How do I get customers to engage in reference activities?

This is a question customer marketers frequently ask each other when seeking out tips, tricks and best practices. Unfortunately, there isn’t a simple answer to this question. What works best varies between customers and depends on your company’s size and policy on customer references.

However, we recommend these three best practices to get your customers to agree to participate in your customer reference program: set expectations up front, cultivate a true partnership, and expand the relationship.

 

1. Set Expectations Up Front

Negotiating customer reference activities upfront is usually worthwhile and can save you time and energy down the road. There are several ways to do this appropriately.

Requiring customer reference work in the sales contract is not a good idea. Customers are usually put off by this aggressive approach. Instead, include language that allows use of the company name and logo. Add verbiage to show you are flexible and will only use the name and logo with explicit approval. This approach starts the conversation about joining a customer reference program, gives enough wiggle room for it to be accepted in a contract negotiation, and reduces the objections when the request is made.

Get a seat at the table for the project kickoff meeting (or ask if your project management team will make the request for you). When project success criteria is being defined, ask the customer if they would be willing to serve as a customer reference in the future if you meet all of the success metrics. By negotiating this at the beginning of the project, we find that it’s much easier to ask the customer to take a reference call after the project is over. Note that this is an informal agreement with the individual that will take the call.

Never offer a discount first in return for customer reference activities. That said, if a client ASKS for a discount, you could agree with the caveat that they participate as a customer reference. In other words, wait for them to ask first because then you have the leverage. Instead of, “We will give you a discount if you do customer reference work for us”, it becomes, “You are asking for a discount, and we’d be willing to consider that if you will agree to participate as a customer reference.”

 

2. Cultivate a Partnership

Some customers are better candidates than others for high-impact customer reference activities – media or analyst interviews, speaking engagements, and events. The customers that are usually best suited for this high-impact activity are the ones with whom you have cultivated a true partnership. To plant the seeds for this relationship, your team will need to go the extra mile to gain the customer’s trust. By positioning the engagement as a partnership rather than as a vendor relationship, your customers are more likely to be a customer reference for you.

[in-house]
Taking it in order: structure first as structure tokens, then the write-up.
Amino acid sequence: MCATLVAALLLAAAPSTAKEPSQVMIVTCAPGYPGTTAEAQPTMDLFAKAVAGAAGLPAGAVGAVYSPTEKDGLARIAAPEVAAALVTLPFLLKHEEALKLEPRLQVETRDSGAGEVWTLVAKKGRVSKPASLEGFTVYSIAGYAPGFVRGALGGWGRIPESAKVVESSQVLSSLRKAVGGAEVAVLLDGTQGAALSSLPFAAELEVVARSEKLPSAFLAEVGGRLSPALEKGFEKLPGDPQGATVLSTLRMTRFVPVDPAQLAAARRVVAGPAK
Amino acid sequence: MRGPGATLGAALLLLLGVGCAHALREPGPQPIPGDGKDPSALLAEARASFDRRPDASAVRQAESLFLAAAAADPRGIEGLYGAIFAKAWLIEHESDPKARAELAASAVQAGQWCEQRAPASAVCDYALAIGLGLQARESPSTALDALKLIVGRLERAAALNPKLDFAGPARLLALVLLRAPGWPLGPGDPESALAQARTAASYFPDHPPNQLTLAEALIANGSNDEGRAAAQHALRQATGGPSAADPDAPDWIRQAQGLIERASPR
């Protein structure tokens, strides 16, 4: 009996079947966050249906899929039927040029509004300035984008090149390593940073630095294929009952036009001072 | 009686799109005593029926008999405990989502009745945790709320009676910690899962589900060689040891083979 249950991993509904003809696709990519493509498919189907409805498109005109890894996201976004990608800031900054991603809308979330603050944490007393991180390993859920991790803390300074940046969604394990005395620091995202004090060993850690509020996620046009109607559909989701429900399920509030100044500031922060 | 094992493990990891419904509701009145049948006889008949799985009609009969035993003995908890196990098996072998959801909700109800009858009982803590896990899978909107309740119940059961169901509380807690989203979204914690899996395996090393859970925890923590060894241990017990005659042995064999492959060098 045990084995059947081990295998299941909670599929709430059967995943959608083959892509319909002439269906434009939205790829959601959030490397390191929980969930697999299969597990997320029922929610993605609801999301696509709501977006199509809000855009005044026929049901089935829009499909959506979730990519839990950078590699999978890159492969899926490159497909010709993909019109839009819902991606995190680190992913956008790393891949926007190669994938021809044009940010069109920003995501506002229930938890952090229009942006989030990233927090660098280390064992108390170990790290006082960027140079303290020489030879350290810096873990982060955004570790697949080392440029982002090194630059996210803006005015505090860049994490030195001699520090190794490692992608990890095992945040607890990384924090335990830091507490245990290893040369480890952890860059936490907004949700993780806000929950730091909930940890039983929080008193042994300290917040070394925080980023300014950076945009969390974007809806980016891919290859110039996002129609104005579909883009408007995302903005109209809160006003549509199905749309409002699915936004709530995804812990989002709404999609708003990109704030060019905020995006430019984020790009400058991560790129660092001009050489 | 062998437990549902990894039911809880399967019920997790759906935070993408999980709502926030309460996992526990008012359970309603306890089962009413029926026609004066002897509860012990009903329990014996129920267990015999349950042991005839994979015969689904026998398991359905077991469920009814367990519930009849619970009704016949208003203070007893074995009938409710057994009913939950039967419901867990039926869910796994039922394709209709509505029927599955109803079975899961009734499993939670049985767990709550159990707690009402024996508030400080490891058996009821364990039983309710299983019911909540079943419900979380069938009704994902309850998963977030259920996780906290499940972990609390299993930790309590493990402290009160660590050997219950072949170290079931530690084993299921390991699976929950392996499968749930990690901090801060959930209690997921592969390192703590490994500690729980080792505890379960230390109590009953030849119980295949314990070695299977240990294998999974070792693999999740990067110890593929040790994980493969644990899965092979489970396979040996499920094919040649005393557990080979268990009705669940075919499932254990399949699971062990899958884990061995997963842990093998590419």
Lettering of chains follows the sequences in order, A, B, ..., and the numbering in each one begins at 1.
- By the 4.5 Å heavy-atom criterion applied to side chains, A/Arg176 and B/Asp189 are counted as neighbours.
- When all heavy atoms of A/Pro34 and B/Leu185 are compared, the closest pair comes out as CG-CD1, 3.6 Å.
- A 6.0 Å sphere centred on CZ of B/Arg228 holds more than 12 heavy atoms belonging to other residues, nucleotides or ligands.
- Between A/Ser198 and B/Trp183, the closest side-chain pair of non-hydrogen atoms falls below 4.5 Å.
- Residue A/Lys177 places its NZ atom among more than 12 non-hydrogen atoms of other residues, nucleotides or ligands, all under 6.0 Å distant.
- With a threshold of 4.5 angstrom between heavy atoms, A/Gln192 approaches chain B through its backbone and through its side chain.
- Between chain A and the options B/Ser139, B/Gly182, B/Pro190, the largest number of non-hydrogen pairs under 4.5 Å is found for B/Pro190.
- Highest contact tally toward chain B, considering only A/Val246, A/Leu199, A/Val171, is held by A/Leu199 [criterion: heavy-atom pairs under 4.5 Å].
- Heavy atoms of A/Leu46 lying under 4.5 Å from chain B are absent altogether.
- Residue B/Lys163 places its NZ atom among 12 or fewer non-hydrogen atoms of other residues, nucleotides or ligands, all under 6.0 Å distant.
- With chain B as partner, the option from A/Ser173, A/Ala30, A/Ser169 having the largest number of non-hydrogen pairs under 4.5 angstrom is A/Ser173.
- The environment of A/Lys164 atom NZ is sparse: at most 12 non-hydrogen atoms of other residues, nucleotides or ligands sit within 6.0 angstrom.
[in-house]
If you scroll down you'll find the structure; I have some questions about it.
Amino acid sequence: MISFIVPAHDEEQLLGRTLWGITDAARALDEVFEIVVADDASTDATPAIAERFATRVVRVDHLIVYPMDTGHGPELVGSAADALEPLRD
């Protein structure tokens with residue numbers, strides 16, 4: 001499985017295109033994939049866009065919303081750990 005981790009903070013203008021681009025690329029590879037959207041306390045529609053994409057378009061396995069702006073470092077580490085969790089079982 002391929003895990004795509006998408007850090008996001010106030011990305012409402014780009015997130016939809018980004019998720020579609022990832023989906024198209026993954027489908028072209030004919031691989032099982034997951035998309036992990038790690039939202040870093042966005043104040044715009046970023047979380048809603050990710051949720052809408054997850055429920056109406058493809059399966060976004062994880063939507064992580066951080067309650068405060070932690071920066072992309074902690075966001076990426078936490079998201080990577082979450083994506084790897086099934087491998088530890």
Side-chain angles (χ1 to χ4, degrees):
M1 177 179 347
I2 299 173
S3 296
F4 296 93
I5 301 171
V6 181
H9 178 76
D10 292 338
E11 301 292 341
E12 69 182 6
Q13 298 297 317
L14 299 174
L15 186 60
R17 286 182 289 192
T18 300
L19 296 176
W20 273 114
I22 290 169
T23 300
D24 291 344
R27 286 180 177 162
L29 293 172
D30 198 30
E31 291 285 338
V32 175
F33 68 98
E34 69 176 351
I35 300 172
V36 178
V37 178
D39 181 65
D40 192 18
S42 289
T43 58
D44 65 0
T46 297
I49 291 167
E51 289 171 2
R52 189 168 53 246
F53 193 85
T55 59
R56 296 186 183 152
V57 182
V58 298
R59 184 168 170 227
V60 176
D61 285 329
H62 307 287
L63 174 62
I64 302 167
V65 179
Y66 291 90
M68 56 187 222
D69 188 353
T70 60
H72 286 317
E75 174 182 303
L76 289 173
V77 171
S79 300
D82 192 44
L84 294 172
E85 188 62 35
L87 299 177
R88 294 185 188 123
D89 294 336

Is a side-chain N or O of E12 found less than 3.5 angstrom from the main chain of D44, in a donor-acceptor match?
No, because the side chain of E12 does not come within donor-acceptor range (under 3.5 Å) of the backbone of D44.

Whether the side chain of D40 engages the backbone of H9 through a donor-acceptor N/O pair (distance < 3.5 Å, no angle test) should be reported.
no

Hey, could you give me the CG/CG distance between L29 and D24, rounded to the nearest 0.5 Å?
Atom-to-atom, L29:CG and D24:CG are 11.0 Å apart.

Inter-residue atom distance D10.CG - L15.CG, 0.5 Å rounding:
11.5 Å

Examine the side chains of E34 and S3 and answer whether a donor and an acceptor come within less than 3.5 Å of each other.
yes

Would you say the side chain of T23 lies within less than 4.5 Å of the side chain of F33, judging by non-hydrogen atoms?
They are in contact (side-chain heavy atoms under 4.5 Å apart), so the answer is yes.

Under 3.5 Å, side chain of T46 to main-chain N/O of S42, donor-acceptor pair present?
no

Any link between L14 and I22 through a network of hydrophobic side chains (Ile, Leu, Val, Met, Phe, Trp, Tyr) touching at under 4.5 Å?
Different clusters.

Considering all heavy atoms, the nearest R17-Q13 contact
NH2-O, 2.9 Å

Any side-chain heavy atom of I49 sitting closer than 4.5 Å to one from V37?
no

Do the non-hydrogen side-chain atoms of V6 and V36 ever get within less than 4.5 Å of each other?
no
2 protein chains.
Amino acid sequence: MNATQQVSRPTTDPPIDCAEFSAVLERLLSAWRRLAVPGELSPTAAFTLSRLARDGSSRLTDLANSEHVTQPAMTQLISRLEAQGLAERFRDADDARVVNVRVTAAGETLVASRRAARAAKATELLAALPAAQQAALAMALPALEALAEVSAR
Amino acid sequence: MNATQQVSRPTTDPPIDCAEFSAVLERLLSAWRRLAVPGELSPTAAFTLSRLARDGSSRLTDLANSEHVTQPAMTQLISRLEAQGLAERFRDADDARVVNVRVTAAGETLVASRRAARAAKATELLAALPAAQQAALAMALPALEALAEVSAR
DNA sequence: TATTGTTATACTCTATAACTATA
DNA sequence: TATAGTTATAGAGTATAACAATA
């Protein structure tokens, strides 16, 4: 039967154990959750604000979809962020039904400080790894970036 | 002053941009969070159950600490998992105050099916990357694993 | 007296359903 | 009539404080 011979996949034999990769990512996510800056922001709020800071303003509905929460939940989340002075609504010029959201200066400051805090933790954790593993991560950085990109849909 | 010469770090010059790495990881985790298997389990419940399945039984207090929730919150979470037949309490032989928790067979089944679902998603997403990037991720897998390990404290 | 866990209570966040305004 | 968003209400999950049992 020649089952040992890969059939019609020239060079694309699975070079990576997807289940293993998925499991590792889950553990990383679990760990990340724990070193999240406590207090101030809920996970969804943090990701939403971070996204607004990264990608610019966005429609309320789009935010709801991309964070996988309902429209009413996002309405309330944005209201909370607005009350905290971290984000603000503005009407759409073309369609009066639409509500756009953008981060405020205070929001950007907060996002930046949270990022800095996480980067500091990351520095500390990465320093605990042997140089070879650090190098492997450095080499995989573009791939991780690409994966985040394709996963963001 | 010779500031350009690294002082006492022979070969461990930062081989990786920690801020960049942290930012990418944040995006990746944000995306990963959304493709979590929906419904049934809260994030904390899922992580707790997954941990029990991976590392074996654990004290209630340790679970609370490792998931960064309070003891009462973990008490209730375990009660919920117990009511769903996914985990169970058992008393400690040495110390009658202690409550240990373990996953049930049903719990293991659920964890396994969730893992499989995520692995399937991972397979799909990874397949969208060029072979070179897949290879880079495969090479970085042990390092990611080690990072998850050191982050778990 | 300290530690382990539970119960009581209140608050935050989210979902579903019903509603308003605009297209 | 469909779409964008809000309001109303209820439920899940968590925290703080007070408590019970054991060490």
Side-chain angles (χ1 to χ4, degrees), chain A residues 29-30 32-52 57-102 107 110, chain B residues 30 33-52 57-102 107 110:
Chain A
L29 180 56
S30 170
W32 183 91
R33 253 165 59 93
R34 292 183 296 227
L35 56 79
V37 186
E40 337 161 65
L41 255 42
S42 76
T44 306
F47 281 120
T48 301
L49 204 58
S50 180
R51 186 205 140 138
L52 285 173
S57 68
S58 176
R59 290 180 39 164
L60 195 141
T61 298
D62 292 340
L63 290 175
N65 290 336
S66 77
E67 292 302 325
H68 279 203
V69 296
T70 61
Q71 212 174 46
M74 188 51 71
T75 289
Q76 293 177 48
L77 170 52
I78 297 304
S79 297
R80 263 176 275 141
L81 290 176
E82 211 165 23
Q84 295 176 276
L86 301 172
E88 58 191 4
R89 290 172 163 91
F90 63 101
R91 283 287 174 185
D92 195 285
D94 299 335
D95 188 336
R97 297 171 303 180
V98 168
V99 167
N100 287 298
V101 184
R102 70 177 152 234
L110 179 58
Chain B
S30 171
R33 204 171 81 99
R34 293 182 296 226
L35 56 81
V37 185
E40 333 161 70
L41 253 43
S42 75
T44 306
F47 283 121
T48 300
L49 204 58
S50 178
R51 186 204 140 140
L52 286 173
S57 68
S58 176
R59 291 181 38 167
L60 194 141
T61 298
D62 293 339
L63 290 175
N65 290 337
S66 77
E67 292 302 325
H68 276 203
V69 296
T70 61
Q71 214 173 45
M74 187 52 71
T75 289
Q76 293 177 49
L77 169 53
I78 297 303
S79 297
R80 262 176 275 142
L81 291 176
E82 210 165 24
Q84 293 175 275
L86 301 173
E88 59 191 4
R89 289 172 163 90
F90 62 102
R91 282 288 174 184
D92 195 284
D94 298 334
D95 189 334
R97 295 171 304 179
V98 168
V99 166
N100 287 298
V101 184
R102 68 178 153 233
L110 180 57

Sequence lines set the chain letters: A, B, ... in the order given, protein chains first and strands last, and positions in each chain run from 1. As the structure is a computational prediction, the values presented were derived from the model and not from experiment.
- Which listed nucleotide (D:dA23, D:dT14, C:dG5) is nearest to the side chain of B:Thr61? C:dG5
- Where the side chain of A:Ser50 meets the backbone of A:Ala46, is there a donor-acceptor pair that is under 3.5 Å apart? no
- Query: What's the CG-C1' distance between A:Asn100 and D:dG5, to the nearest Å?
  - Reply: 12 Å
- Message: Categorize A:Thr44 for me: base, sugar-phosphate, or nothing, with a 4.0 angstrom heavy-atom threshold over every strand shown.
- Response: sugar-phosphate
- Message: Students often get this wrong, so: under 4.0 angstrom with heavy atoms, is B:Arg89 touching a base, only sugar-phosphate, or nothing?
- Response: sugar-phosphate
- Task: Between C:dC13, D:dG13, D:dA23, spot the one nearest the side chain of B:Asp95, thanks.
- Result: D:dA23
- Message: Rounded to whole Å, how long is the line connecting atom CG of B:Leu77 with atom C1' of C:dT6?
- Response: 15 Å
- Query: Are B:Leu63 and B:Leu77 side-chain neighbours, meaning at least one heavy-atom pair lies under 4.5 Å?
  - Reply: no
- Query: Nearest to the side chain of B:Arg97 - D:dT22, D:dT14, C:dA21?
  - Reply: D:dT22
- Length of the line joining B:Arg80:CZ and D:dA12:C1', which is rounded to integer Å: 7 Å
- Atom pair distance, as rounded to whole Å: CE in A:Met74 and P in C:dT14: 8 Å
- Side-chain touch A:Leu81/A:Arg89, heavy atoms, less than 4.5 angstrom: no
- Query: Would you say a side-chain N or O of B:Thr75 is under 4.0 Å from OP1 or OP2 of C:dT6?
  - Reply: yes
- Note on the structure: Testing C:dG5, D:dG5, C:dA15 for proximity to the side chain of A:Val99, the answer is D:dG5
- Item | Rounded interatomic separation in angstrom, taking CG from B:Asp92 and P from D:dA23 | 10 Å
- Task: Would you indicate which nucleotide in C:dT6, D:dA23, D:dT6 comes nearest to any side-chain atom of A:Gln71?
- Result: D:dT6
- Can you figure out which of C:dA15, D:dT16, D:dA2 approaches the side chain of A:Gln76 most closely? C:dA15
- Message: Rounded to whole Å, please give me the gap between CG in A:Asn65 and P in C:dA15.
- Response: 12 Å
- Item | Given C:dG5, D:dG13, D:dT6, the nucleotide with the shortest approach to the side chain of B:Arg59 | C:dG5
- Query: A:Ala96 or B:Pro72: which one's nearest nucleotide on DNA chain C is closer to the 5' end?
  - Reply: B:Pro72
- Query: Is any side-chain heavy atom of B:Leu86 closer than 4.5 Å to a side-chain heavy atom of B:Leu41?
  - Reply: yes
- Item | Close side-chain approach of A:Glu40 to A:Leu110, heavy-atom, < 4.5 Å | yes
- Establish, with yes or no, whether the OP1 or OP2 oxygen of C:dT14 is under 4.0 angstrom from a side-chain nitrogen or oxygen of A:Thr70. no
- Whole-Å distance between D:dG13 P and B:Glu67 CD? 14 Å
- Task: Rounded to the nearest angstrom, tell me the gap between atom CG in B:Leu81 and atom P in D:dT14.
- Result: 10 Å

Similarly, you can obtain high-impact customer reference engagement by introducing a joint strategic marketing plan. This involves having your PR/brand execs sit down with those of your customer. Then, you can come up with a mutually agreeable set of activities and investments.

 

3. Expand the Relationship

Some prospects want to talk to a technical person to understand how the your product works, while others want to talk to a business person to understand the level of service and whether you will live up to your commitments. It is important for the customer reference team to develop relationships with both technical people and business people. That way, you will not put your customer reference in a tough situation – where they want to say “yes” to the request but cannot speak to the right topics.

Once you have made progress with one customer contact, attempt to expand into other departments. Having a diverse set of participants across your customer’s company will increase your chances of matching the right prospect with the right customer and will mean more customers will say yes to customer reference requests.

 

Getting a customer to agree to be a customer reference is a skill refined over time. You need to adjust your approach according to the uniqueness of each situation. What works for some customers may not work for all. Try these best practices, and let us know how it goes!

 


This blog post was originally posted on Boulder Logic. RO Innovation acquired Boulder Logic in 2015. The joining of the two companies created a new, robust platform offering with more value and greater opportunities to leverage the voice of the customer in your sales and marketing cycles.

 

Nichole Auston
Nichole Auston is the Director of Marketing at RO Innovation. With a background in digital marketing and nearly a decade of experience managing marketing programs for a variety of SaaS companies, she’s passionate about sharing insights, best practices and stories about sales enablement and customer reference management, and the people and technology that power it.
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